New Zealand 2006: Day 4


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New Zealand 2006: [Day 1: Auckland] [Day 2: Matamata/Waitomo] [Day 3: Waiheke Island] [Day 4: Bungy] [Day 5: Rotorua] [Day 6: Napier] [Day 7: At Sea] [Day 8: Cruising] [Day 9: Dunedin] [Day 10: Christchurch] [Day 11: Wellington] [Day 12: At Sea] [Day 13: Auckland]

Thursday, March 16, 2006: Another sunny day dawned in Auckland. This was the view from our hotel room, which is a very clever way to avoid having a view of a rooftop.
Sally and Pete picked us up bright and early to take us to our next adventure: bungy jumping! Even though the sport originated in New Zealand, we didn't meet any Kiwis who had ever actually done it.
At the AJ Hackett Bungy Centre, we got strapped into our bungy harnesses.
Next, we crossed the street to the Auckland Harbour Bridge, where we were let into the locked walkway that leads to the bungy pod.
The walkway seems level, but very gradually ascends as you walk toward the center of the bridge.
Pete and Sally joined us as spectators. All four of us were wearing harnesses that attached to a cable on the walkway for maximum safety. Sally demonstrated the safety features of the harness for our photographer.
At this point, we were really starting to get out there. Photo by Pete, who was at the back of the pack.
The walkway changed to a stairway and Tom ascended the stairs to the bungy pod. "Pod" is a fun word, wouldn't you agree?
The pod features windows on all sides and even in the floor. Once we were all in the pod, the opposite wall came up so it was open to the water below.
Tom volunteered to go first. He sat in a chair designed to attach ankle harnesses to the jumpers.
Sally and Pete were quite happy to be on the non-jumping side of the pod.
Tom was fully strapped in as the crew prepared the bungy.
It's time! Tom waddled to the edge (his ankles were strapped together) and smiled bravely for the camera.
The next three photos were taken by the AJ Hackett bungy equipment.
This is Tom's jump as viewed from the side ...
... and as viewed from the top.
Here's Tom upside down ...
... and here's Tom right side up ...
... and here's Tom nearly back on solid ground.
Next, it was Debbie's turn.
What seemed like a good idea that morning was now looking more like a huge, terrifying error. Still, she, too, managed to waddle to the edge with a heavy foam bell-shaped thing hanging from the bungy attached to her ankles.
She wasn't very happy about it, as shown in this AJ Hackett photo.
This is Debbie's jump as viewed from the side ...
... and as viewed from the top.
While Sally manned the camera in the pod, Pete did the honors from the stairwell below. It's a bungy miracle that he got this action shot of Debbie's jump. She's the tiny figure in black and denim pretending that she's skydiving and that the ground is 10,000 feet below instead of 141 feet (43 meters). Her freefall ended after about 1 second.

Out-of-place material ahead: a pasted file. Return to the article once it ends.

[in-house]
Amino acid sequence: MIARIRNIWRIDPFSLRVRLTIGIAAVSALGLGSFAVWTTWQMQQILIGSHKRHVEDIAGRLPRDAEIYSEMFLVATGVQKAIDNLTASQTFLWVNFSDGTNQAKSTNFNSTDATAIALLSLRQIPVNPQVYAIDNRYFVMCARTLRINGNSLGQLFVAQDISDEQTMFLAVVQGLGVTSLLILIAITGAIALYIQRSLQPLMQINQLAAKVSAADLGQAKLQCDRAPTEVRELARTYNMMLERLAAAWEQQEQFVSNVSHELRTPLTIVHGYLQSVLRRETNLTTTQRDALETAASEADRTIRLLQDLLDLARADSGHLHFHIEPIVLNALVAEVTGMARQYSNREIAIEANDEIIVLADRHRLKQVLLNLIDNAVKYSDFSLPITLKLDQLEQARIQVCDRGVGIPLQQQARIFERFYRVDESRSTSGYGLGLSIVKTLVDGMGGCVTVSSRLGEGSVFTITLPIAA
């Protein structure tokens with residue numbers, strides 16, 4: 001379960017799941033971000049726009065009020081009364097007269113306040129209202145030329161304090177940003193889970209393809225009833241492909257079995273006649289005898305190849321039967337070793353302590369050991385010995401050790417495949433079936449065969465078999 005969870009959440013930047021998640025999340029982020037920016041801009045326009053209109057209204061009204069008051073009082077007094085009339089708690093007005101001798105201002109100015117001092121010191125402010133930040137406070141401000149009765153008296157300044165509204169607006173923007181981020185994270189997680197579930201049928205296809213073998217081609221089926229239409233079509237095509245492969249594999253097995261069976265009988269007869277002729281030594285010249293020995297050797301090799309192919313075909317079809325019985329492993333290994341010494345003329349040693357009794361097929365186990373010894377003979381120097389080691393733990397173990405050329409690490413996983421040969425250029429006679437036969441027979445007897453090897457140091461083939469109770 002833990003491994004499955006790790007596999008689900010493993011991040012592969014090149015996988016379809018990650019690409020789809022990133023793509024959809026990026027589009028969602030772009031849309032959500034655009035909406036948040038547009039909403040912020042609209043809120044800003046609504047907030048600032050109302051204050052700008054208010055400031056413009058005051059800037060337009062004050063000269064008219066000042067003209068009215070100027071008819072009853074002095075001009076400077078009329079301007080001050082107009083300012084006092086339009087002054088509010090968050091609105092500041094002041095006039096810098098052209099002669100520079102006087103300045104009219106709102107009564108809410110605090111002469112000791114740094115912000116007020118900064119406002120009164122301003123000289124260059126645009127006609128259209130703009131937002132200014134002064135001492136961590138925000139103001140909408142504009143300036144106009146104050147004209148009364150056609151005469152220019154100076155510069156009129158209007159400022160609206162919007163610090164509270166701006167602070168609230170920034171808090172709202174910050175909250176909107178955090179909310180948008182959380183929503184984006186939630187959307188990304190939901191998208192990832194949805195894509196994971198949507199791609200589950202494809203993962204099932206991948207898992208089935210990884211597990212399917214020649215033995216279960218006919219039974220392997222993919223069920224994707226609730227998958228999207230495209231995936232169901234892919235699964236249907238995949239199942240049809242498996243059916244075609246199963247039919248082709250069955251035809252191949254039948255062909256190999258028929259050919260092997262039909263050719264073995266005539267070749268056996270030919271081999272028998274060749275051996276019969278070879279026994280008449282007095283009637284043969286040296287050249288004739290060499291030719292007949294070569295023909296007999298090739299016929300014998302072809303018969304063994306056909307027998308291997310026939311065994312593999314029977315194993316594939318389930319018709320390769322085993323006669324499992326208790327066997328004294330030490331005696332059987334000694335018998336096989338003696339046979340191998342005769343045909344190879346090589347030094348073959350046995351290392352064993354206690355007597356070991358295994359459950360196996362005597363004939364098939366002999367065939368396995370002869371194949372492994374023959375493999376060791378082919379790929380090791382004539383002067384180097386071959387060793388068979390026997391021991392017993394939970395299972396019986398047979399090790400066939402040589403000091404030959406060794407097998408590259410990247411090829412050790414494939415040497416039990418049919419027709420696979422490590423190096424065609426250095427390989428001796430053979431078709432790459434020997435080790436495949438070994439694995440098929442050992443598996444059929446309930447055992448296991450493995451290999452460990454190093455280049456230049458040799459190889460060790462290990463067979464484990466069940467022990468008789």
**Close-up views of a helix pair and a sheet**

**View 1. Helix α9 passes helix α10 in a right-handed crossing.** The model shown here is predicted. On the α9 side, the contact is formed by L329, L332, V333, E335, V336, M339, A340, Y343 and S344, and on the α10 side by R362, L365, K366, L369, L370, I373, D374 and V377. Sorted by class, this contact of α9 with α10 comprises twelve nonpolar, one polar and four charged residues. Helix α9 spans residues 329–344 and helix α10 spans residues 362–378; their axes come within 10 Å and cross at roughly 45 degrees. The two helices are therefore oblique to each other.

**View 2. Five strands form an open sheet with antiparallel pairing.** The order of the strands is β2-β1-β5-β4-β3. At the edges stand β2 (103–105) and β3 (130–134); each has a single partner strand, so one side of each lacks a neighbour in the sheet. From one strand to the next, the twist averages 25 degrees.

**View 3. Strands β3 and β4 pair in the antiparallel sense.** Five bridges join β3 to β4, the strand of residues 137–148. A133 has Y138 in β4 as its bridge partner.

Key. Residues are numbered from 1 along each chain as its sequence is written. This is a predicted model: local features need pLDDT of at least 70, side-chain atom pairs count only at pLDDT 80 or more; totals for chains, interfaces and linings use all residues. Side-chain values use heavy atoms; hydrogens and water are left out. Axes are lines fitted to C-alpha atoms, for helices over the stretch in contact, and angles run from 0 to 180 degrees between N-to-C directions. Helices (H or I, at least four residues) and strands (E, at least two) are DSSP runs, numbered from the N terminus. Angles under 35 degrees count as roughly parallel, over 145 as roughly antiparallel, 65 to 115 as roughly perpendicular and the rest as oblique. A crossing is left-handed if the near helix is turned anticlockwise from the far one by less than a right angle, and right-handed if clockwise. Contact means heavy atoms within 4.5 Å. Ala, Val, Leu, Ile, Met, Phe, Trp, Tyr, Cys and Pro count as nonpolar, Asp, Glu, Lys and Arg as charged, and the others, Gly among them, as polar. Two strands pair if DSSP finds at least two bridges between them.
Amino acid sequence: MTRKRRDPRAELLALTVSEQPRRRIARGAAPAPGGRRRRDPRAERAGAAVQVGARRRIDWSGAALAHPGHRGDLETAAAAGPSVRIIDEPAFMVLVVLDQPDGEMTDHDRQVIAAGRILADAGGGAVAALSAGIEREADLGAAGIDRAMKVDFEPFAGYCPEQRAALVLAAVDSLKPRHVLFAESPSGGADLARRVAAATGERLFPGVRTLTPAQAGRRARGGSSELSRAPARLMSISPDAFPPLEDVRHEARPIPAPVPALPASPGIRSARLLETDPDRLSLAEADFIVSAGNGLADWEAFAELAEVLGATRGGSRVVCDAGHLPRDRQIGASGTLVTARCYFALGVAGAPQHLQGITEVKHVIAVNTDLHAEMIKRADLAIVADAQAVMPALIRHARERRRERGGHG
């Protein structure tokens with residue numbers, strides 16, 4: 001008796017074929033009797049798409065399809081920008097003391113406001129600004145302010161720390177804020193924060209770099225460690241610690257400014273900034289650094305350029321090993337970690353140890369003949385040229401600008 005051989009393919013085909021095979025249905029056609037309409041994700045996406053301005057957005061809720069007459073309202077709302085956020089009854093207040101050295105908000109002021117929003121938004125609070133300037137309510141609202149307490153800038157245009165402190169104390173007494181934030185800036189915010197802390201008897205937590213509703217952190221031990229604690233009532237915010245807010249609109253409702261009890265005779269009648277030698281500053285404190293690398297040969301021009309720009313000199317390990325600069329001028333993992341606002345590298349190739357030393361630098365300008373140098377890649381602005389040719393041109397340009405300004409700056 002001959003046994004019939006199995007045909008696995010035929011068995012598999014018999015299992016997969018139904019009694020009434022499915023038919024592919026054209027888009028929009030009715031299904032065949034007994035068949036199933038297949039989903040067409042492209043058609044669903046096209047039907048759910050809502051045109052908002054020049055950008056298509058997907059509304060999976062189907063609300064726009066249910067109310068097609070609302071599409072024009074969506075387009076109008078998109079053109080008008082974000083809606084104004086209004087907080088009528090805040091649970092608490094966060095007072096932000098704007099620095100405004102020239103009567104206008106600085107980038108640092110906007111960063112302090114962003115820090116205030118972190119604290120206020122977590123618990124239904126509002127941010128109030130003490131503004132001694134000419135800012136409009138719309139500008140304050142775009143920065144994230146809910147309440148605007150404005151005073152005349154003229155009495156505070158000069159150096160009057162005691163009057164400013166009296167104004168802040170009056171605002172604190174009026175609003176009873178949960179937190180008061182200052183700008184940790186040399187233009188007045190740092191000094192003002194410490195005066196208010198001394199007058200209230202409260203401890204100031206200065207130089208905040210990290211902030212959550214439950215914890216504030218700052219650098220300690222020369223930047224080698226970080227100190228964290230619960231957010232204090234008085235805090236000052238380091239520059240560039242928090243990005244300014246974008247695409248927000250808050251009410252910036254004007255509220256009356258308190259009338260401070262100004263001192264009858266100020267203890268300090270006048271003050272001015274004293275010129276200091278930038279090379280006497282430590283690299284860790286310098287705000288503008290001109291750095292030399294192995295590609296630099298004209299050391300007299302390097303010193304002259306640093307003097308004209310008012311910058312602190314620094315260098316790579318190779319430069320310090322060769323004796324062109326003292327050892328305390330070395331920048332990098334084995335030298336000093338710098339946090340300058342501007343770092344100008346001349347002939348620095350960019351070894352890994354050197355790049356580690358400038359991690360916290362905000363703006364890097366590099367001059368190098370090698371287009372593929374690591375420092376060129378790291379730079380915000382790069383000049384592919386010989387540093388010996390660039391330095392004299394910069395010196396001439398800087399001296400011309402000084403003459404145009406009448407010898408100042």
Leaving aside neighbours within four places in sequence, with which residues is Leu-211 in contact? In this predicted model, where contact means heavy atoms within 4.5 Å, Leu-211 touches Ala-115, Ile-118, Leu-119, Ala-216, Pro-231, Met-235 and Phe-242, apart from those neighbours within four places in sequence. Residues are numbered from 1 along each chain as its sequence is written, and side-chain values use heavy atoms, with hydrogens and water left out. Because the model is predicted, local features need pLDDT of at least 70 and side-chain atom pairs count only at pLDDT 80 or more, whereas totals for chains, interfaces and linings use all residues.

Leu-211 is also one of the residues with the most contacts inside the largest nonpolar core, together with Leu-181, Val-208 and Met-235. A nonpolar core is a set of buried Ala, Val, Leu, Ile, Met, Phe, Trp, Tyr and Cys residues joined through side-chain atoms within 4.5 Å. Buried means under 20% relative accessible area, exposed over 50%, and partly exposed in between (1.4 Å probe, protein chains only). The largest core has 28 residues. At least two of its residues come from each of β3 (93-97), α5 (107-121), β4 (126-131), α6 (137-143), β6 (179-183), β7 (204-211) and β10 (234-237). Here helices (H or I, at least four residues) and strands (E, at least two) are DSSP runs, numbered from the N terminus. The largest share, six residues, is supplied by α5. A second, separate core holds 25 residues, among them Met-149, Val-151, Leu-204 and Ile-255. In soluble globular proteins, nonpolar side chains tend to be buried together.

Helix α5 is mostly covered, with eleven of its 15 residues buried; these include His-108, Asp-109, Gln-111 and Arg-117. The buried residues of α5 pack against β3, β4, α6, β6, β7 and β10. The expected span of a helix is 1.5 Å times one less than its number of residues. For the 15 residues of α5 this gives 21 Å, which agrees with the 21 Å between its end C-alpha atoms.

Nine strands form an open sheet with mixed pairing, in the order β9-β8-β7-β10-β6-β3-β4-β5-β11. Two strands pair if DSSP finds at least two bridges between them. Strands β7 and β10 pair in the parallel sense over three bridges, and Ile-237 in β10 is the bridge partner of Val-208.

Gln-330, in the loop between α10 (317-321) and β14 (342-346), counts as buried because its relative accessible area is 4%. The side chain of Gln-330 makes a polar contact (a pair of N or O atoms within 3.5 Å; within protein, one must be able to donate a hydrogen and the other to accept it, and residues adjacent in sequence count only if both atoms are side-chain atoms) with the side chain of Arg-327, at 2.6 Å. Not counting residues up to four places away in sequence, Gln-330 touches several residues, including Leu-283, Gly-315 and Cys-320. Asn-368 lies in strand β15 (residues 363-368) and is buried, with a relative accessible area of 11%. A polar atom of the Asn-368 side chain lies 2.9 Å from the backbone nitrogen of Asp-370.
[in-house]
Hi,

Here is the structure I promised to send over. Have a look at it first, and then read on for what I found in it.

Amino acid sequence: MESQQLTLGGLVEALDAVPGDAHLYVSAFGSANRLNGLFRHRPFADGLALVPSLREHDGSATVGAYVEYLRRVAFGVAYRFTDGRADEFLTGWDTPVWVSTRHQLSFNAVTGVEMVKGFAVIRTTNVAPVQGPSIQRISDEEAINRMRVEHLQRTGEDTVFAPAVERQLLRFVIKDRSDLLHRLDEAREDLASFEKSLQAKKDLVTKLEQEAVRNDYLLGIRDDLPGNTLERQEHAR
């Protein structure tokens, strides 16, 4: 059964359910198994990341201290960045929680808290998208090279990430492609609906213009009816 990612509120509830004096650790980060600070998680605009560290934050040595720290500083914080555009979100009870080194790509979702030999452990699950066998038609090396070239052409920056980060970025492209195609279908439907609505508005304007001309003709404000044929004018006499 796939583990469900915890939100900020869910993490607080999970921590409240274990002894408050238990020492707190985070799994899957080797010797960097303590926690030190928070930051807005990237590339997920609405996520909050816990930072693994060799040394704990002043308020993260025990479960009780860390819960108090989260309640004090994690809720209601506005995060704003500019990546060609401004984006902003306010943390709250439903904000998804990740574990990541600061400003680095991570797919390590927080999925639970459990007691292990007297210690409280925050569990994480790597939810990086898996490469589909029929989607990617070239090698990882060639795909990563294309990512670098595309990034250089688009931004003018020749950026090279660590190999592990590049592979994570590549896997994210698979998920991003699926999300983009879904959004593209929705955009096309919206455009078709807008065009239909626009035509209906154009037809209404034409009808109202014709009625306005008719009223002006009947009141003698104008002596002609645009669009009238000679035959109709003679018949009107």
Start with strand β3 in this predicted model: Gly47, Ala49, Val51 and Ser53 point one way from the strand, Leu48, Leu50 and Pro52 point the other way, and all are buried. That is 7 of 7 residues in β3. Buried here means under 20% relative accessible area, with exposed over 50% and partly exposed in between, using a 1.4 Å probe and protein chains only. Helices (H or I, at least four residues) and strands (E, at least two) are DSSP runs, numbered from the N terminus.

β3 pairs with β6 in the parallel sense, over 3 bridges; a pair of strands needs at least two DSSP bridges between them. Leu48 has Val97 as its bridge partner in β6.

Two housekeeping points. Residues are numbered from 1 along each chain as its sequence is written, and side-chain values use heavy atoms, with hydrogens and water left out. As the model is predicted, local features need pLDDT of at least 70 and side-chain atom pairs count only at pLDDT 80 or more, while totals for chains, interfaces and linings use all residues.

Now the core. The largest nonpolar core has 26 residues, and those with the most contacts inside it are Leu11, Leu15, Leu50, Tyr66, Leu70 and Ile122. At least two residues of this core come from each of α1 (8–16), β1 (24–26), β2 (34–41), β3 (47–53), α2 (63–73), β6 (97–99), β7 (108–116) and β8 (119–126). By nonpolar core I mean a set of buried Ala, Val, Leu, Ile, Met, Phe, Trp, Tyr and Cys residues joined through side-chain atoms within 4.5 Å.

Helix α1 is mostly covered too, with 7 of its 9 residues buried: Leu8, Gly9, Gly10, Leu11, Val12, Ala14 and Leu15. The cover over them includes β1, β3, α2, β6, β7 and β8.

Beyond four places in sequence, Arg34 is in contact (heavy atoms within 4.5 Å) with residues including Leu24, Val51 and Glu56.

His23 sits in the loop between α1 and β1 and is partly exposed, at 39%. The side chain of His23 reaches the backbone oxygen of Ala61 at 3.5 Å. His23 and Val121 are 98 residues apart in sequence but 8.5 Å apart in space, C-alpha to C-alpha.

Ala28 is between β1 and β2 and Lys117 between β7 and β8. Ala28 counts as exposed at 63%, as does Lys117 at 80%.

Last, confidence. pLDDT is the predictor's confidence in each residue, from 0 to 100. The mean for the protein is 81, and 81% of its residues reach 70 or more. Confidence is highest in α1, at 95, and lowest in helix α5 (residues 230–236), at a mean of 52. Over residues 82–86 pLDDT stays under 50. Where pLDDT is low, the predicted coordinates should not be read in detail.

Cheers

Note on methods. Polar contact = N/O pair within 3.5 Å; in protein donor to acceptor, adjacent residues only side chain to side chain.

Here's Debbie upside down ...
... and here's Debbie right side up (Hi, Pete! I didn't die!) ...
... and here's Debbie getting hoisted back into the pod.
The Auckland skyline looks even better when one is jacked up on adrenaline.
Our adventure over and our hearts pumping a little faster than normal, we made the happy trip back into town.
Ladies and gentleman, I give you the Auckland Harbour Bridge! She's a beauty, is she not?
We headed to Pete and Sally's turf, St. Heliers, for an early lunch.
The staff at Kahve took our orders, but they already knew what Sally would be ordering. It seems that Sally has a fondness for delicious food served in the sun with beautiful views. We do, too, but it's not a daily option for us. That's Tamaki Drive behind Pete and Sally.
Food always tastes better when it's sunny out, but add complimentary orange juice and it's sunny in our bellies too.
Just down the street is Pete's office, where he turns out fabulous 4D software applications.
Pete's office has a casual dress code.
It also has a spectacular view. We are very envious.
Pete knows it.
Since Pete decided it was time to get some work done, Sally drove us back into downtown Auckland so we could catch our transfer to our cruise ship, MV Discovery of Discovery World Cruises (or Voyages of Discovery if you're British). She's tiny by modern standards, but she was one of the original Love Boat models.
Step back into the '70's with us, won't you? Our room was on deck five (of nine total), which is the deck just above the one with the gangway in this photo.
After seeing our room, we dropped by the Lido deck for a light snack.
The Lido deck offered a nice view of the port ...
... and the city. Check further down this page for the spooky nighttime versions of these shots.
With five more hours before leaving port, we went ashore to explore Princes Wharf. Here's a bar called Lenin, complete with Russian letters.

Next door is the Minus 5 bar, which is an ice bar similar to the Ice Museum in Stockholm and the bar in the Ice Hotel in Sweden. We didn't go in, though, because ice bars are just so 2002.

We had dinner on the ship, then went out on deck to admire the city lights.
Being the port geeks that we are, we watched a container ship being unloaded for nearly an hour. Lots of Maersk sightings, of course.
At 9:00 PM, we left port. Goodbye, Auckland! We'll be back in nine days!

Day 5 >


New Zealand 2006: [Day 1: Auckland] [Day 2: Matamata/Waitomo] [Day 3: Waiheke Island] [Day 4: Bungy] [Day 5: Rotorua] [Day 6: Napier] [Day 7: At Sea] [Day 8: Cruising] [Day 9: Dunedin] [Day 10: Christchurch] [Day 11: Wellington] [Day 12: At Sea] [Day 13: Auckland]

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